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Editorial
Maintaining health in foals: the role of colostrum constituents
  1. Elizabeth Davis, DVM, PhD, DACVIM
  1. Equine Medicine and Surgery, Q208 Mosier Hall, Kansas State University, Manhattan, KS 66506, USA
  1. e-mail: edavis{at}vet.k-state.edu

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CHALLENGE with infectious disease is a constant threat to the health and well-being of equine neonates. Therefore, having a comprehensive understanding of the endogenous mechanisms that aid in maintaining health in young foals is essential for the equine clinician. A lack of adequate antibody ingestion results in the failure of passive transfer, a primary risk factor for the development of neonatal sepsis (Robinson and others 1993). The ingestion of colostral constituents, such as cytokine proteins as well as antibody molecules, has been demonstrated to aid immune protection in other species. In addition, the value of having an all-round understanding of equine colostral constituents relates to the fact that, once essential protective immune components have been identified, therapeutic management of septic or at-risk individuals can incorporate necessary constituents for the restoration of neonatal health and protection from infectious challenge.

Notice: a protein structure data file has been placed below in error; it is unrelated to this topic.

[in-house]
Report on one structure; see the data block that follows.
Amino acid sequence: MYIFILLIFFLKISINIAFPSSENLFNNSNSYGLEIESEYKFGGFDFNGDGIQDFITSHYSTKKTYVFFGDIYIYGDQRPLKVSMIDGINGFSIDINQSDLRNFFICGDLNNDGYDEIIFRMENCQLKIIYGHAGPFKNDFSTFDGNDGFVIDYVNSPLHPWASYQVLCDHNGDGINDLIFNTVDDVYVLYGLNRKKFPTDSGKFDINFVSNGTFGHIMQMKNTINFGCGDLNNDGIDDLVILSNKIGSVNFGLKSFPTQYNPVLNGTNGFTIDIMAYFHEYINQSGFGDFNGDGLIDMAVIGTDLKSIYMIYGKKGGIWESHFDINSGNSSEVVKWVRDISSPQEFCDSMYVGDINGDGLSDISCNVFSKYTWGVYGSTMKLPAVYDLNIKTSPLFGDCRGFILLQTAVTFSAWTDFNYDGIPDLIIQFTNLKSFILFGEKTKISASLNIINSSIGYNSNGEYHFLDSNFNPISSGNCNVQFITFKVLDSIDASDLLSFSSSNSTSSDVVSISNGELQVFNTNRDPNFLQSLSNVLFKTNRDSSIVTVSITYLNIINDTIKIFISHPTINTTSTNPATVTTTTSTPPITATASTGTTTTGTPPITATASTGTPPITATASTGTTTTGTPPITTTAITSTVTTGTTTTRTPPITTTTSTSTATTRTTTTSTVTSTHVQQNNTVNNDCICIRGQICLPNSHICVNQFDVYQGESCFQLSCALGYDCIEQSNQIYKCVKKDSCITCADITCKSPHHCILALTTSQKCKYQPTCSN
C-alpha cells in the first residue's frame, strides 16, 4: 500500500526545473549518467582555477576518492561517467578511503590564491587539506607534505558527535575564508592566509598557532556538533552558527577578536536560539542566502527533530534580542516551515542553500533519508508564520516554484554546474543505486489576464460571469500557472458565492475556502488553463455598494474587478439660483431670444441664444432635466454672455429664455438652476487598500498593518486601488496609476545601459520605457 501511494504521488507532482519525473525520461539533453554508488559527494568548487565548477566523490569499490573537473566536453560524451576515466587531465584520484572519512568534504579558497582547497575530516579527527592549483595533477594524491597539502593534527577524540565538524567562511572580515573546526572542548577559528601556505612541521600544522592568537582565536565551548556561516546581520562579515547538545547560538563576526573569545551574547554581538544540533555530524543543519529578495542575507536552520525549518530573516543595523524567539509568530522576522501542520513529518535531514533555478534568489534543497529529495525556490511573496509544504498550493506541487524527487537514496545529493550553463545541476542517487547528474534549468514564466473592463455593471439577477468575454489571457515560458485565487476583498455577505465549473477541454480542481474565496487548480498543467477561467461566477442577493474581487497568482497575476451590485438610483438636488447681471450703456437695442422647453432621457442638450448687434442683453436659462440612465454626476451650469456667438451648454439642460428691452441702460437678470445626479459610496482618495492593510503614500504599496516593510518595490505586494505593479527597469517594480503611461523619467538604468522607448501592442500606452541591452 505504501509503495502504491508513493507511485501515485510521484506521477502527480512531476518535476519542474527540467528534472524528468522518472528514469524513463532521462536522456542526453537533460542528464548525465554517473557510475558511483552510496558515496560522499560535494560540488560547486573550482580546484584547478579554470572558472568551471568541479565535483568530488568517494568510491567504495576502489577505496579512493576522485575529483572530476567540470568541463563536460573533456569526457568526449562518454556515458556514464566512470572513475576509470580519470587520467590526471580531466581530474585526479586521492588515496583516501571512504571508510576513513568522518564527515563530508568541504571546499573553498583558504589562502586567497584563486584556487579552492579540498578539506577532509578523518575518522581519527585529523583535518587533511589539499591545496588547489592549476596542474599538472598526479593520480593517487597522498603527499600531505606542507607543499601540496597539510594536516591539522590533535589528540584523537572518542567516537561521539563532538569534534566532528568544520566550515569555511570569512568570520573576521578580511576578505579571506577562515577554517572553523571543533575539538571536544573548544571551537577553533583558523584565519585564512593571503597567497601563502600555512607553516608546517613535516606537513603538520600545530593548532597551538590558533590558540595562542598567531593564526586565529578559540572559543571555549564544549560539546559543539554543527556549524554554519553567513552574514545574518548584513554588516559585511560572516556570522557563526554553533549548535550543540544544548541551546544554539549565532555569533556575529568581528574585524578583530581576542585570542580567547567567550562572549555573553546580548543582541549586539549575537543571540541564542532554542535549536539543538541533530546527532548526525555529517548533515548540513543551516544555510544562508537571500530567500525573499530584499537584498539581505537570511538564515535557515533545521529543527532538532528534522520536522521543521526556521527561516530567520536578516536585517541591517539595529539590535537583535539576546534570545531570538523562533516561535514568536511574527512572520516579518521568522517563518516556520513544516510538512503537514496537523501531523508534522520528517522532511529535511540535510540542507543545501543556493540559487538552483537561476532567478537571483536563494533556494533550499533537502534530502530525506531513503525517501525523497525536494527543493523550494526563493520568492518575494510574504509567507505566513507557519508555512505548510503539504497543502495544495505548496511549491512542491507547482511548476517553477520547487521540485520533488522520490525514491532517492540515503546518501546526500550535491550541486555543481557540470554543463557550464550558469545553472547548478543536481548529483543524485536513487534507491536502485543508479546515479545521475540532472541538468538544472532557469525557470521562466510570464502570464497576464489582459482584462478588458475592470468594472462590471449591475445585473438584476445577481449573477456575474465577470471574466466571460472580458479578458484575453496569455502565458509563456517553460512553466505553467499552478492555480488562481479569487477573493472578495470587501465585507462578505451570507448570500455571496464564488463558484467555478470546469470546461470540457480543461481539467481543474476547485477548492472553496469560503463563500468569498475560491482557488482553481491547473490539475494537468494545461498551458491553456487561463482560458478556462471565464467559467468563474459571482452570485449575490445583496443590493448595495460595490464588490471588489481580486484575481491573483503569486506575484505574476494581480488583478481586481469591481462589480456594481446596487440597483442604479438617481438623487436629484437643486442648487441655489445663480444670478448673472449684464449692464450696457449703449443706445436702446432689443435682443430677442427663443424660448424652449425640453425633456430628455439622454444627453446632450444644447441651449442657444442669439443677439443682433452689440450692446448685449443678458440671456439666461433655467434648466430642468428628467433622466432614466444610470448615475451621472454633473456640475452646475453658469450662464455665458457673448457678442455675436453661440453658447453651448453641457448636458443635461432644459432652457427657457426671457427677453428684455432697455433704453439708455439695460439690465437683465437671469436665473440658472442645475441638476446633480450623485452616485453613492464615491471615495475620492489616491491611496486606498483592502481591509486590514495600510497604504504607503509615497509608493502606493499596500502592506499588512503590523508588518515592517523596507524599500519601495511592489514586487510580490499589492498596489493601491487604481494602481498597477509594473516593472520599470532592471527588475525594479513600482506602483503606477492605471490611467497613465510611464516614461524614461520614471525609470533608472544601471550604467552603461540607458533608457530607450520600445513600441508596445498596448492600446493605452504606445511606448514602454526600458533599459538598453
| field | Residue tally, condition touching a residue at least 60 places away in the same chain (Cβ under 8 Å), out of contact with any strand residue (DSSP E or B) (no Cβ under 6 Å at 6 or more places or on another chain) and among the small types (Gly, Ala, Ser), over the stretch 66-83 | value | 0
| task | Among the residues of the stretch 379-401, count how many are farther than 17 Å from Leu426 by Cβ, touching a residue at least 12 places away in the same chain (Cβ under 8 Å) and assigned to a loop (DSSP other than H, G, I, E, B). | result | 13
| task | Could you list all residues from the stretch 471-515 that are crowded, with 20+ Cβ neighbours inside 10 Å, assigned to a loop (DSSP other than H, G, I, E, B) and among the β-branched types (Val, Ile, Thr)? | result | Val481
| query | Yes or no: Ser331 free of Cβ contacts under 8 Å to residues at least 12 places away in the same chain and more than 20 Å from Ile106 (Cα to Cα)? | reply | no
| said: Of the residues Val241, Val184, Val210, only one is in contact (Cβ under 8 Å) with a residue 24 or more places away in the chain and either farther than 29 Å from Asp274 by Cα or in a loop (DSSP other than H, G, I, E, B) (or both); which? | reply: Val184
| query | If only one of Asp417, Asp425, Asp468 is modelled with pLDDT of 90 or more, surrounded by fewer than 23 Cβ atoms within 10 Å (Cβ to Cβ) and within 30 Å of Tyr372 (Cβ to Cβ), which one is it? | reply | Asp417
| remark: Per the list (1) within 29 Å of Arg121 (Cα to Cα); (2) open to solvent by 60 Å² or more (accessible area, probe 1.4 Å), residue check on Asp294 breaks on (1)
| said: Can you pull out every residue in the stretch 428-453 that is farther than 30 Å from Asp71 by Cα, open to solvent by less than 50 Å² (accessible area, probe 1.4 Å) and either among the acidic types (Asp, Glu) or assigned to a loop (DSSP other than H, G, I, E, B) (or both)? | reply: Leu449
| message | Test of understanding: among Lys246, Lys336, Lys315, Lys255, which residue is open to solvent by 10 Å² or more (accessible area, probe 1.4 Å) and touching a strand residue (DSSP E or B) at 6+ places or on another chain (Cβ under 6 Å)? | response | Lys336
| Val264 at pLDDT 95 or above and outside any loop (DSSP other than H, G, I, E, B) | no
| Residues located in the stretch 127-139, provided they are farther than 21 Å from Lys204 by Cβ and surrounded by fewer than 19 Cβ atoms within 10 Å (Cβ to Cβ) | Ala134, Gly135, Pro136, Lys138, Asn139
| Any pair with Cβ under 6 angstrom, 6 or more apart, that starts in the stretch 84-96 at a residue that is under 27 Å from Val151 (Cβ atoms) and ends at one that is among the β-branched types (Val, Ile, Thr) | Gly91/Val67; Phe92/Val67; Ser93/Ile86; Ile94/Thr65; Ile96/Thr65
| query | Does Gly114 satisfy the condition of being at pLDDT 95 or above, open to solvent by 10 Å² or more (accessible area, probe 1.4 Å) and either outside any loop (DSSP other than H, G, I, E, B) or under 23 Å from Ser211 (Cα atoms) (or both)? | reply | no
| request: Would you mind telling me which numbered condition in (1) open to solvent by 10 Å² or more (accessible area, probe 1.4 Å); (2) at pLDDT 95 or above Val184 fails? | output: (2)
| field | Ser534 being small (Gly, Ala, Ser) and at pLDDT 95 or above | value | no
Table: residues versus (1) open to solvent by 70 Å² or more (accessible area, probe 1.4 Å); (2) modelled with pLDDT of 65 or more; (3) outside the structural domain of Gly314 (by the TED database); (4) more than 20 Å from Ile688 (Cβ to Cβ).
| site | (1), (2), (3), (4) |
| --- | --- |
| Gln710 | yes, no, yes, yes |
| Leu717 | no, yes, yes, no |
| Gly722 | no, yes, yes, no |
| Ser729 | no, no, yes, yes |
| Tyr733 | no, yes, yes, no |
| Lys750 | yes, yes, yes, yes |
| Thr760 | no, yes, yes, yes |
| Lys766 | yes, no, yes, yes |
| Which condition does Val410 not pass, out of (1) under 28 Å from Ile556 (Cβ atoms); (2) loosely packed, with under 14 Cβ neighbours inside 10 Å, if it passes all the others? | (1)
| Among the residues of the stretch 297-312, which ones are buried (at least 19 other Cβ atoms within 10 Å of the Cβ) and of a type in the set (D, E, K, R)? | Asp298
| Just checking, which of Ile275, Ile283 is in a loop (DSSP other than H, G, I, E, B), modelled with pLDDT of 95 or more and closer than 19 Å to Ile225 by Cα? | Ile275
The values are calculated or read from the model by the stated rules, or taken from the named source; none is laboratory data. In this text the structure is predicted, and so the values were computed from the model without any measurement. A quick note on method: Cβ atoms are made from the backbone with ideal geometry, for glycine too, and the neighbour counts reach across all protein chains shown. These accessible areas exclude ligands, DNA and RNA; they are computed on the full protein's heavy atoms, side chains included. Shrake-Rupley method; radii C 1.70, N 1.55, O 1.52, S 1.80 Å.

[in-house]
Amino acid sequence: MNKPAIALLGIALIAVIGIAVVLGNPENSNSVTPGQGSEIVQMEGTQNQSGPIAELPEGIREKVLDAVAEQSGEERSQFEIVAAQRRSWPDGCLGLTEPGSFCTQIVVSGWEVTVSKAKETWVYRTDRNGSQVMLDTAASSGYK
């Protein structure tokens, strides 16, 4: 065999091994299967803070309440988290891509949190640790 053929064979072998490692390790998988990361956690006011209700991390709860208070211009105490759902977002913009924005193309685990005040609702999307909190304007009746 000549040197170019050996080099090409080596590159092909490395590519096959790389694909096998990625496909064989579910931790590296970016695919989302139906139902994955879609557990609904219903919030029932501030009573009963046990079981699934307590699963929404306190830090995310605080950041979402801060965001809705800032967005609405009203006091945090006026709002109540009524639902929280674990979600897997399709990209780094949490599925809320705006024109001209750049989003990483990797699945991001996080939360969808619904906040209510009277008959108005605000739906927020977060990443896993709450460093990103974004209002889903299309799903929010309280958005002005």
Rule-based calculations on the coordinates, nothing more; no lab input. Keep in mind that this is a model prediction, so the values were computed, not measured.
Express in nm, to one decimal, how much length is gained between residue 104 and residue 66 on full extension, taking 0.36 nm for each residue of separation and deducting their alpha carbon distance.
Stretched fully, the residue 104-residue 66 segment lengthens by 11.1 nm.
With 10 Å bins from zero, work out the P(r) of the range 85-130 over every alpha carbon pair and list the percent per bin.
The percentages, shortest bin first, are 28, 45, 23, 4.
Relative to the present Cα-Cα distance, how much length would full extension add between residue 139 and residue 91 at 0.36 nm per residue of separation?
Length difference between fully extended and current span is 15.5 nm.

In a paper summarised on p 51 of this week's Veterinary Record, Secor and others (2011) report an investigation aimed at determining colostral cytokine constituents that help in maintaining health and wellbeing when consumed by foals. In particular, the investigators aimed to determine the level of colostral …

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